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Even though I live in a fairly small town and have for years, there's always something new to discover. My second latest discovery, a hole in the wall bookshop has led me here, an antique clothing store.

Silver bells jingle as I open the door, a blast of warm air hitting me and stinging my cheeks due to the sharp contrast of the air outside.

"Welcome to Oldies But Goodies." A woman calls from the front desk.

She has a shock of grey hair combed neatly into a bun, a youthful gleam in her eyes despite clearly being a senior citizen, and it's clear she still has pep in her step and perfect posture as she steps out from behind the counter to greet me.

"What are you looking for my dear?" She asks.

"I don't really know," I admit. "Something exciting and unique, if that exists in clothes."

"I have just the thing in the back." The woman says, the twinkle in her eye turning into something like a cross of excitement and mischief.

She turns away from me and disappears to the back of the store and I rock on the balls of my feet while I await her return, eventually deciding to sift through the racks of old clothes.

Everything is immaculate. All the clothes are in pristine condition, washed and ironed and neatly hung up.

A silver dress catches my eye so I pick it up then I hold it up to myself in a mirror.

My cousin's wedding is coming up and even though the style is nineteen-forties, no one would be surprised given my taste for old things. Not to mention the silver is just perfect for a winter wedding, and I just bought the perfect shoes for this dress, oh, and some of the jewelry my grandmother left me would be just gorgeous.

"I knew you'd like that one."

I jump and find the saleslady standing a respectable distance away, watching me admire the dress.

"Oh, yes it's wonderful," I agree. "How much?"

"One-hundred and ten." The saleslady replies.

"One-hundred and ten?" I repeat, my spirits falling.

"Fifty for the dress, sixty for this little gem." The saleswoman amends.

She hands me the coat and I hand her the dress somewhat awkwardly. I stroke the exterior of the coat gingerly.

"Only sixty for the coat? This has to be genuine mink, I'd be robbing you by buying this." I say.

"I give discounts to certain people, like special young ladies who remind me of myself. Besides, today is my last day before I retire, my daughter takes over from me tomorrow so I guess I'm in a generous mood." The saleswoman replies smilingly.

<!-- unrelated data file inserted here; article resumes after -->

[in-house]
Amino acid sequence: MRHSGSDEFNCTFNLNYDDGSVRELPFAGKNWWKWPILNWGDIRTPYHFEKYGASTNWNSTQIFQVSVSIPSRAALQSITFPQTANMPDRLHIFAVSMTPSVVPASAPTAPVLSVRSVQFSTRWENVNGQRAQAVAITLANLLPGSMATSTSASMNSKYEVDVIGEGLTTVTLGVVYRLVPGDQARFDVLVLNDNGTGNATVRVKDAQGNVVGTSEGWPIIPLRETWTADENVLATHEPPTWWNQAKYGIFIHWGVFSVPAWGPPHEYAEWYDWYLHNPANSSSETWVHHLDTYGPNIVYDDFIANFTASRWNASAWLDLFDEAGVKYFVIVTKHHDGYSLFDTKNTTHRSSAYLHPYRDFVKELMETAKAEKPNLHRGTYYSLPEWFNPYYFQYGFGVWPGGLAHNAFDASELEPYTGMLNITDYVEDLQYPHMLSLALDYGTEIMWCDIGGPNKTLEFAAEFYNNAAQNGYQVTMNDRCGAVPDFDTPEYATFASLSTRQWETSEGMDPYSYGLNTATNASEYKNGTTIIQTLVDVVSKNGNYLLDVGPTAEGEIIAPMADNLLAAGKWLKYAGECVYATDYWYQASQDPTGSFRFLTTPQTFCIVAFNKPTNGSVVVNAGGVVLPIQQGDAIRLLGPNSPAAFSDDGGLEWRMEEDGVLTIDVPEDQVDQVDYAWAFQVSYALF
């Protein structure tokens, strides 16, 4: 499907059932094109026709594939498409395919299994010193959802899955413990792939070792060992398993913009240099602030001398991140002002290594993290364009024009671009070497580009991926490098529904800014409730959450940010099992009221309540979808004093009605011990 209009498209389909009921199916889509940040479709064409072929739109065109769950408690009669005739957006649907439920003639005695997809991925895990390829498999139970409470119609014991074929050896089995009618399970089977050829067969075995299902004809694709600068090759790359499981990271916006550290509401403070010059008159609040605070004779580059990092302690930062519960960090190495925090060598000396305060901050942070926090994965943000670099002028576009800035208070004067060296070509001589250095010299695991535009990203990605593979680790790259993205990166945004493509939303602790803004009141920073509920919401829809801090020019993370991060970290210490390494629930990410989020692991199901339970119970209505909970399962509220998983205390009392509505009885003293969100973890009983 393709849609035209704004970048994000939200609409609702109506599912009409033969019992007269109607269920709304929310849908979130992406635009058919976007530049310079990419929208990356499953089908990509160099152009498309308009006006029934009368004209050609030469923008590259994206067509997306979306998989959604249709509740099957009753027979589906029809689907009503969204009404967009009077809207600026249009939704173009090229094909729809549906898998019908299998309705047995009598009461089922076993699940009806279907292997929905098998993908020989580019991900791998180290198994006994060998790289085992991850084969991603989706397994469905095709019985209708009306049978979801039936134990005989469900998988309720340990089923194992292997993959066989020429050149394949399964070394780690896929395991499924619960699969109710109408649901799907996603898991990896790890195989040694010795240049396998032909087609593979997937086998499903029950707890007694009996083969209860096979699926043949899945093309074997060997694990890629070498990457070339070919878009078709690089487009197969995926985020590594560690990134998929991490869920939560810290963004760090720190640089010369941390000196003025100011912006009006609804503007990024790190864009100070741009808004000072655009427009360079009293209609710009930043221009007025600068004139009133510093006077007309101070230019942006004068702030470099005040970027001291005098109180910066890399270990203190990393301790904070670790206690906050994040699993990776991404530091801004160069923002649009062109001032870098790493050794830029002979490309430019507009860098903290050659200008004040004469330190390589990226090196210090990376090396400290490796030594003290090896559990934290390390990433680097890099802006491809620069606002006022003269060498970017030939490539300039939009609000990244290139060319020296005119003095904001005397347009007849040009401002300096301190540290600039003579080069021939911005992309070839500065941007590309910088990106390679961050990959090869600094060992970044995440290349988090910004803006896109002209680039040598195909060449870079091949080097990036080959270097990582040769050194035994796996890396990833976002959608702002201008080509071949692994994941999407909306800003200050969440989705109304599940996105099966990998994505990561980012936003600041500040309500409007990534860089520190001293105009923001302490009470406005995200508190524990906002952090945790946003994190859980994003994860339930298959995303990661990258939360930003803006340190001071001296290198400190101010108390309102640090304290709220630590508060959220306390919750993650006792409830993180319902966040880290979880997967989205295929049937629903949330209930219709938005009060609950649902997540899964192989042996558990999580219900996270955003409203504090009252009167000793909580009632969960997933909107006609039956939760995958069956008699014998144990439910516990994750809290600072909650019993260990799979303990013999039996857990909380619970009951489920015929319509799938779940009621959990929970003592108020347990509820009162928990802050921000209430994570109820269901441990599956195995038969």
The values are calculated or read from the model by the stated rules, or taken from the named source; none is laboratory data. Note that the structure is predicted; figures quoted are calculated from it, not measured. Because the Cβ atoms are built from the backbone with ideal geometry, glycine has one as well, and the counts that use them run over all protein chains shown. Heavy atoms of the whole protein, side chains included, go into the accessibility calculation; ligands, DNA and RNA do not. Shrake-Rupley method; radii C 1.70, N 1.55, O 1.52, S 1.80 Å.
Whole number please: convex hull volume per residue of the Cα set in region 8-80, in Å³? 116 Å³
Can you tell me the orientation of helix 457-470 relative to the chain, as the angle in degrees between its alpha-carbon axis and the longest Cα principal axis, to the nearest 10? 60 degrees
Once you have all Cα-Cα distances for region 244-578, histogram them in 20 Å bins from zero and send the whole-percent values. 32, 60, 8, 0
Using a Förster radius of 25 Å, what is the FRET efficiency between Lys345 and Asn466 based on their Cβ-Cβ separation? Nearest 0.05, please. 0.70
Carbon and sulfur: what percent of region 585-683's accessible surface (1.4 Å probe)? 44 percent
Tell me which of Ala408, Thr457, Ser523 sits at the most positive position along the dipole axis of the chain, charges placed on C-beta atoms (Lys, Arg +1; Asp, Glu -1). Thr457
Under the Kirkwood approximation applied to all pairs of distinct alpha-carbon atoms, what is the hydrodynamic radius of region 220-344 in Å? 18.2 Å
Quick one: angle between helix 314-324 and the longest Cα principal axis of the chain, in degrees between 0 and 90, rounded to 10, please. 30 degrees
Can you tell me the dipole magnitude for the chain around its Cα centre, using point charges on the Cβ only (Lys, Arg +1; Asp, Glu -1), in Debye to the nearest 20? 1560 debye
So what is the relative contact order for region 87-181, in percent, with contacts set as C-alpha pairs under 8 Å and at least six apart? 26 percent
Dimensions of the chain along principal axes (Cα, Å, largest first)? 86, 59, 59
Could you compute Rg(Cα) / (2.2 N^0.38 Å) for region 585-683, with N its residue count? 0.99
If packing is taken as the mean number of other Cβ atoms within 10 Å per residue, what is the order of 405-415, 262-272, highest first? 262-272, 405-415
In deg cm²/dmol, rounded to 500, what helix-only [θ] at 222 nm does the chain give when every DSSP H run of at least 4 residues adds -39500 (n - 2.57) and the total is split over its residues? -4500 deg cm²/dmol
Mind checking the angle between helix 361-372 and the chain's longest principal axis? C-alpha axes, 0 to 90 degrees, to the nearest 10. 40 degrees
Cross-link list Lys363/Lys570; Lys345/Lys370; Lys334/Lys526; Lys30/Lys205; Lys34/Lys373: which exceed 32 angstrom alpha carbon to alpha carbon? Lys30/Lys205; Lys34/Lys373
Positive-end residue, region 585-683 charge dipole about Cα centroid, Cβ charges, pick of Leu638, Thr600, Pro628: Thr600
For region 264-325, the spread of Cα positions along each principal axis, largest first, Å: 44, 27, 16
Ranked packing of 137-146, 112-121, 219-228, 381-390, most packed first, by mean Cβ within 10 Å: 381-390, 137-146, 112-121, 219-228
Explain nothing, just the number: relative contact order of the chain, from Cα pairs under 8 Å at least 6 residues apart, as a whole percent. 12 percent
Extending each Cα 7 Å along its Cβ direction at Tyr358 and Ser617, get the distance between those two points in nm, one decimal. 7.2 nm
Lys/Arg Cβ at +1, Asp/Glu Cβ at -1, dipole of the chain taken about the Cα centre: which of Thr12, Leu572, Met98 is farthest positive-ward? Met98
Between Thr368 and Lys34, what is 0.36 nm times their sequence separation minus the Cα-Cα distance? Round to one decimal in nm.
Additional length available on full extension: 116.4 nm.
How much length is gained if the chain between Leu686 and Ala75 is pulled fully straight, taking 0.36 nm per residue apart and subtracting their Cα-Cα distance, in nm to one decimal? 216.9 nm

"Why don't you just make it one-hundred-fifty? Just for my sake, then I'll buy it." I say.

"Of course, dear!" The woman says happily, then we move to the front desk where she rings up my purchases, humming under her breath.

"Have a merry Christmas, dear." She smiles.

"Absolutely, merry Christmas ma'am." I reply, returning her warm smile.

I walk home, inexplicably pleased with myself. In my jolly mood I make myself some apple cider and gift my cat, Tiffy, with her favorite treat, homemade catnip cookies and milk.

I can't help but try on the dress, and to my delight it fits perfectly. Just to make sure the whole ensemble works I slip on the coat. It's heavier than I expected but it's warm and just gorgeous.

I put my hands in the roomy pockets and swish them around and to my slight surprise I feel a piece of paper. I take the paper out of the pocket and smooth it out.

It's not a receipt as I expected but a yellowing sheet of paper. I unfold it, curiosity getting the better of me.

It's a letter, dating January 6, 1942.

I begin to read it, excited at the prospect of finding something so precious.

My Darling Mary,

I'm so sorry I couldn't be with you for your birthday, but as you know the military doesn't let out for special occasions, even soldier's fiancee's birthdays. I'm enclosing a late birthday gift with my next letter that should hopefully make up for the lateness. This war is terrible but I hope to be home with you to take you dancing as I promised by this Christmas. Sweetheart, I can't tell you how much your photo helped not just me but all the men in my squadron. Seeing someone so beautiful and full of joy is a change from the dreary things we see all around us. While work is hard, dangerous, and often scary I don't despair because I know you're at home waiting for me and doing all you can to help on the home front. I can't wait to see you and tell you how proud I am of my little darling tending the home. I miss you and hope to see you soon. I promise though to marry you Christmas Eve under the mistletoe when I get home.

Love From the Bottom of My Heart,

Your Martin

I fold the letter back up carefully.

Did Martin ever make it home? Did he and Mary ever get married under the mistletoe or go dancing? What was the gift he mentioned? Why was this letter the one in the pocket? Were there other letters? Who were these people?

A million and one unanswerable questions fly around my mind, and I'm dying for an answer to all of them.

I think back to the saleswoman in the antique store. Did she know the letter was in there when she sold me the coat?

There's almost no daylight left so there's no way I could go back to the store in time to interrogate the woman. Oh how unfortunate that she retires today of all days!

But I guess some things are meant to remain mysteries. Maybe I could leave this in another coat I donate for someone else to solve.

I smile at the notion.

I'll take a whack at my little Christmas mystery, maybe write an ending, then send someone else on an adventure.

Who knows what could be discovered?

December 04, 2019 00:17

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